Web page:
Exclusive outtakes from industry leaders
from Shop Talk:
Check out the cautious notes being sounded in the global luxury market.
Industry executives voiced concerns about everything from unemployment to Europe's brewing economic crisis, but are nonetheless banking on growth from China and a recovering U.S. market.
Leading officials speaking at the Reuters Global Luxury Summit said the debt crisis in Europe is threatening to halt luxury's rebound, but demand for fine merchandise was picking up in the United States while China's shoppers were venturing frequently into Tokyo for top brands.
"The euro zone is a sizable market, but today the growth reserve is in the emerging countries, and particularly in China, whose demand is pulling the entire sector," said Isabelle Ardon, head of Paris-based SG Gestion's luxury fund.
The debt crisis and depreciation of the euro have raised concerns of a double dip global recession that could knock luxury spending back down after a fragile recovery. Bulgari's CEO Francesco Trapani (pictured) said Europe would remain a difficult market.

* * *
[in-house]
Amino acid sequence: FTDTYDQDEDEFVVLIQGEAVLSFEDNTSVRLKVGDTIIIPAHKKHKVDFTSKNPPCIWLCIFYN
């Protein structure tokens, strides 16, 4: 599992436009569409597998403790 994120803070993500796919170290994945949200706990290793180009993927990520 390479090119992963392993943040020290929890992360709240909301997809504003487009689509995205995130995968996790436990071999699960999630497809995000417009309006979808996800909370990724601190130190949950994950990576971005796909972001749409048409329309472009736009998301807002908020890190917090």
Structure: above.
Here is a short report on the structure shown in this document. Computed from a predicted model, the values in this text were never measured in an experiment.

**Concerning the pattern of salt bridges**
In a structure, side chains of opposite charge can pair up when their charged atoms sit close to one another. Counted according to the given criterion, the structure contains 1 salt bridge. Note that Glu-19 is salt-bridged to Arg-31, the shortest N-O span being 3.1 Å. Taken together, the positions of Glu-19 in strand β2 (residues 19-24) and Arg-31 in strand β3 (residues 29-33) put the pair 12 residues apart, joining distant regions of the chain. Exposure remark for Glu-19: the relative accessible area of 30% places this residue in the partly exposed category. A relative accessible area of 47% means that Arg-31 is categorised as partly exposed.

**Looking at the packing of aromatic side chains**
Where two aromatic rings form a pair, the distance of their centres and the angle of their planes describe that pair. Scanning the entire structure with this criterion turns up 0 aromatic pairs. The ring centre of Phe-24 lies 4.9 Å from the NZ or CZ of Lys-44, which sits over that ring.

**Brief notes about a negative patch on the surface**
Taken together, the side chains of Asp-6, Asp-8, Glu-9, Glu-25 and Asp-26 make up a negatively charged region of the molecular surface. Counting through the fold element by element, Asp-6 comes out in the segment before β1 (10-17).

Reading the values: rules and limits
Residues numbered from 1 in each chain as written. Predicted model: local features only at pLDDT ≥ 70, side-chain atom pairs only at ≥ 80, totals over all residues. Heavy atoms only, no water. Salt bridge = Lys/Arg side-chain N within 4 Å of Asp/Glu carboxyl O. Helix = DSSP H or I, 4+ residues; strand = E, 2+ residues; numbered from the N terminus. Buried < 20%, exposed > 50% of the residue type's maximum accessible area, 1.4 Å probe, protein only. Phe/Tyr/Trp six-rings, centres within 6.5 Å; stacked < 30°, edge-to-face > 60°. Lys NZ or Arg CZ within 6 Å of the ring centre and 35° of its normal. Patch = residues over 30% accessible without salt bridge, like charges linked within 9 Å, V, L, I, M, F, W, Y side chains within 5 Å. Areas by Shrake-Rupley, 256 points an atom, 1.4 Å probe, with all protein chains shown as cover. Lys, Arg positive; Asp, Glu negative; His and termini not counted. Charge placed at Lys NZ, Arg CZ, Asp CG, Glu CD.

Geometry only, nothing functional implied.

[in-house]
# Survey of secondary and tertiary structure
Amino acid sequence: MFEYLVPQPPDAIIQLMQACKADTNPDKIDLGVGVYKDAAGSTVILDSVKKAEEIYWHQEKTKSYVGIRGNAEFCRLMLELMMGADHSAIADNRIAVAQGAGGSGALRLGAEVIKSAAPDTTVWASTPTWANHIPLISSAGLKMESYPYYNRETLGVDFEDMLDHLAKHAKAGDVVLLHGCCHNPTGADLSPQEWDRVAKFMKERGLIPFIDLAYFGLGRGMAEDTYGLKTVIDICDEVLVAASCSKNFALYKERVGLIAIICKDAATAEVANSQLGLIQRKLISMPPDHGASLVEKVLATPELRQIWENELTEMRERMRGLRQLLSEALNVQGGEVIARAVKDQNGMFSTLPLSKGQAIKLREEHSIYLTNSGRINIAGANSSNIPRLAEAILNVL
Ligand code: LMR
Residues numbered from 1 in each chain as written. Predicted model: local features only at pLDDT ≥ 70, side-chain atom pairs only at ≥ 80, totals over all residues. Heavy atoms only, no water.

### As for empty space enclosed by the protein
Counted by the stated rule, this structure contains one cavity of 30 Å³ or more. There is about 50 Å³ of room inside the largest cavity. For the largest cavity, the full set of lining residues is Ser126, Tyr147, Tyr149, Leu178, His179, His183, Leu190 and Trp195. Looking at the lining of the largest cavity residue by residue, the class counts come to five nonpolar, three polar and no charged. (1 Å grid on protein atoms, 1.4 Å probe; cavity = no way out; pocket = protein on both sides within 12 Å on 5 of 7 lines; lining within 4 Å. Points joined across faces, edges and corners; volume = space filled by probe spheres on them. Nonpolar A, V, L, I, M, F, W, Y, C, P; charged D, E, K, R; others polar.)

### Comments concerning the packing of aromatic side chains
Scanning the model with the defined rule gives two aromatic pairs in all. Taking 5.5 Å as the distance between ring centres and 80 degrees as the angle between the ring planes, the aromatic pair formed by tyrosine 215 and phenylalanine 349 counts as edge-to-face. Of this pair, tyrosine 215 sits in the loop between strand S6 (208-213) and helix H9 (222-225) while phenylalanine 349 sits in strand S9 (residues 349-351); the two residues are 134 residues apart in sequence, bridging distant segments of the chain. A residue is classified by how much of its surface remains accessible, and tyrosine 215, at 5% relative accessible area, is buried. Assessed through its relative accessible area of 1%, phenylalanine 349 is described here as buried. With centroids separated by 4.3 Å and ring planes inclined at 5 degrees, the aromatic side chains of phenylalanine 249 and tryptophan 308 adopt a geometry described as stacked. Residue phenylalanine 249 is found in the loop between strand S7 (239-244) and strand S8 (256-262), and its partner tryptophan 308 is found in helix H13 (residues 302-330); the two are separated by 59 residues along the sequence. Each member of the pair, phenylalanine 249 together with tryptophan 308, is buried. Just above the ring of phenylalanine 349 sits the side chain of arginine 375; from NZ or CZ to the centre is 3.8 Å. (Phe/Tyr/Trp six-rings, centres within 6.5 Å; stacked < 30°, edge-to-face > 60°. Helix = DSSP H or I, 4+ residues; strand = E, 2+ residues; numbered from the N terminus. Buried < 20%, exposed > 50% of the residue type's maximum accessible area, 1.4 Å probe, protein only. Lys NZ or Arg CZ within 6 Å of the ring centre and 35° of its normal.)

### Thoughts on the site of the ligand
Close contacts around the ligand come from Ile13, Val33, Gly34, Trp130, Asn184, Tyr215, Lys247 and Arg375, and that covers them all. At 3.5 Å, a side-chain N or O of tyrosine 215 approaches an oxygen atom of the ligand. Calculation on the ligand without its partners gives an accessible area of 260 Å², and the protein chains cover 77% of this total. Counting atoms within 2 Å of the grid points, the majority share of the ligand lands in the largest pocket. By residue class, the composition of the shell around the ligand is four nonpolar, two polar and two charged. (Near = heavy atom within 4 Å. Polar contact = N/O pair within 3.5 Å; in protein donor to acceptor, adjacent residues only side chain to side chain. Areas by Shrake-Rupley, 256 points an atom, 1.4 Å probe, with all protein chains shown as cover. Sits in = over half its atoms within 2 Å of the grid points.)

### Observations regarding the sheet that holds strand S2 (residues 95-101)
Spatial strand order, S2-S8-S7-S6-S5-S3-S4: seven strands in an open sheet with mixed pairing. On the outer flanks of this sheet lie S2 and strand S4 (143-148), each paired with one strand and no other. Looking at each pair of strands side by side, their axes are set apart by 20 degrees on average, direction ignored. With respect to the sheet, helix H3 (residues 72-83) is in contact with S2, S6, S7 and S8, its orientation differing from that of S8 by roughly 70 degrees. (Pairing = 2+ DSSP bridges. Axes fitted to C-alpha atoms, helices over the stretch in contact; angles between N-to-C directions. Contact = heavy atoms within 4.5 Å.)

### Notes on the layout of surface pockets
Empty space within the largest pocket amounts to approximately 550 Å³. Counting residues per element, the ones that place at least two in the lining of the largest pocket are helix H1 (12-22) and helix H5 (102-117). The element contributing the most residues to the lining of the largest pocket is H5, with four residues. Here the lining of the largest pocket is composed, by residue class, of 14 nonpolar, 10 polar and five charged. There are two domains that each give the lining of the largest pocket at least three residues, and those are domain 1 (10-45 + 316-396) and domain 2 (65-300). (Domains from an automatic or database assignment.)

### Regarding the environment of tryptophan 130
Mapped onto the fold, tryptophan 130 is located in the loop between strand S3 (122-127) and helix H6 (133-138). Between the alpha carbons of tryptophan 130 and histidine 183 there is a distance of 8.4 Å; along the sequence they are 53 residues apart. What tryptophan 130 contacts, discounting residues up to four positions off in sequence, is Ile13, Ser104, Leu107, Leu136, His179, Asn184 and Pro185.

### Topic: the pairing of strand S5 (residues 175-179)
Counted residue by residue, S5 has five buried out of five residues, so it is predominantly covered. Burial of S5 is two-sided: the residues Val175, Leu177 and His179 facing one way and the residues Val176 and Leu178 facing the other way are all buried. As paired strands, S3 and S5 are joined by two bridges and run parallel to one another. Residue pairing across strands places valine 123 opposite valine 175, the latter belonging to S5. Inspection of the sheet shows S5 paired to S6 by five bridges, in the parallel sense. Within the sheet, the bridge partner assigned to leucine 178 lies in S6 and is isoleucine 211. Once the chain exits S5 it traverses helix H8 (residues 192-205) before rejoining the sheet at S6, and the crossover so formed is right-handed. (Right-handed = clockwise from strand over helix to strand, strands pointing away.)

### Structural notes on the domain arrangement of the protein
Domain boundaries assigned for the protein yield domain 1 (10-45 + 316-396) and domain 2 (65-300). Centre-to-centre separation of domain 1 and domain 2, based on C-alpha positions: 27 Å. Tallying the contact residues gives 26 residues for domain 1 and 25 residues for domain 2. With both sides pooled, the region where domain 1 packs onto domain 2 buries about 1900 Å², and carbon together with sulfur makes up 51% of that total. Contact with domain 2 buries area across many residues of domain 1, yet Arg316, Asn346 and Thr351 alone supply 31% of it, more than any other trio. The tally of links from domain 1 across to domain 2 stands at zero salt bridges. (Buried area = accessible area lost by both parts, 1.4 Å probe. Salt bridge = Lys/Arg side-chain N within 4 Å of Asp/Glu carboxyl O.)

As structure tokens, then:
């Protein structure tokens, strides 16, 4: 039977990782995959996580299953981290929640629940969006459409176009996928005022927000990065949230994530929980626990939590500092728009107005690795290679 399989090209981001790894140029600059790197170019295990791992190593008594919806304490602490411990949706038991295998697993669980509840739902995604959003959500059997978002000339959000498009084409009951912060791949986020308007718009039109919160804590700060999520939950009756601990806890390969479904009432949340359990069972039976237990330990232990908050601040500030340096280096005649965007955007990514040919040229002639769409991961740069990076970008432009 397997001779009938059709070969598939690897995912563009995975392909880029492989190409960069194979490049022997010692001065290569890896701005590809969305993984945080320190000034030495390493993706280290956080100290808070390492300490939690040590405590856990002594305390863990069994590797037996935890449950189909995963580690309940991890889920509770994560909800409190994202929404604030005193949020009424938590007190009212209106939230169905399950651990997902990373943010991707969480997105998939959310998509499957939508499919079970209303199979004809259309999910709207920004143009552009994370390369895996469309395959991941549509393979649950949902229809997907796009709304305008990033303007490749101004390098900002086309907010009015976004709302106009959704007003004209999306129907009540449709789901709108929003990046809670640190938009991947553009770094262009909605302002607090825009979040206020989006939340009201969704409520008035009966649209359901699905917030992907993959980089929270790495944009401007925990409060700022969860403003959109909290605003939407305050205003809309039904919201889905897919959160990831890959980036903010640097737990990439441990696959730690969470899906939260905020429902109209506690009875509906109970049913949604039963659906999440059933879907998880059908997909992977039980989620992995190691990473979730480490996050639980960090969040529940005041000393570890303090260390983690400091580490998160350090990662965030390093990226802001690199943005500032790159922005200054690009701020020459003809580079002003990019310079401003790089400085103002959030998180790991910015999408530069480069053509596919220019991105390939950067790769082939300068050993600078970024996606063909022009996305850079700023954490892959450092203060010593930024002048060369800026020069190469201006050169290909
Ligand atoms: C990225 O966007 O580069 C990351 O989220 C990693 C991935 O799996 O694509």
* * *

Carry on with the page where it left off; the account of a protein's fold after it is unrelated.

from Shop Talk:
Coach's Lew Frankfort has given up trying to teach American men about fashion, but he still sees opportunity for expanding sales to a male clientele.
"I believe the American male is largely uneducable," Coach Chairman and CEO Frankfort said at the Reuters Global Luxury Summit in New York.
"We need to focus on the segment of males that have real discerning taste. But I can also say that even the undiscerning American male is a smart consumer: that person is looking for a product that is durable, that is classic, that can stand the test of time and that's what our products do," Frankfort said.
Sales of Coach's man-bags, wallets and other accessories represent 5 percent of its total take, and that is one area where the company is trying to build growth. At a test store for men only, on Bleecker Street in Manhattan, it has seen sales results run at about triple its own expectations, Frankfort said.
"There's a lot of appetite among the discerning male for quality accessories made out of excellent materials that are stylish. ... In North America, the male consumer remains heavily utilitarian-driven, replacement-oriented, value-based. There are discerning males in Boise, Idaho. I don't mean to suggest there aren't."
(Photo of Frankfort/Reuters)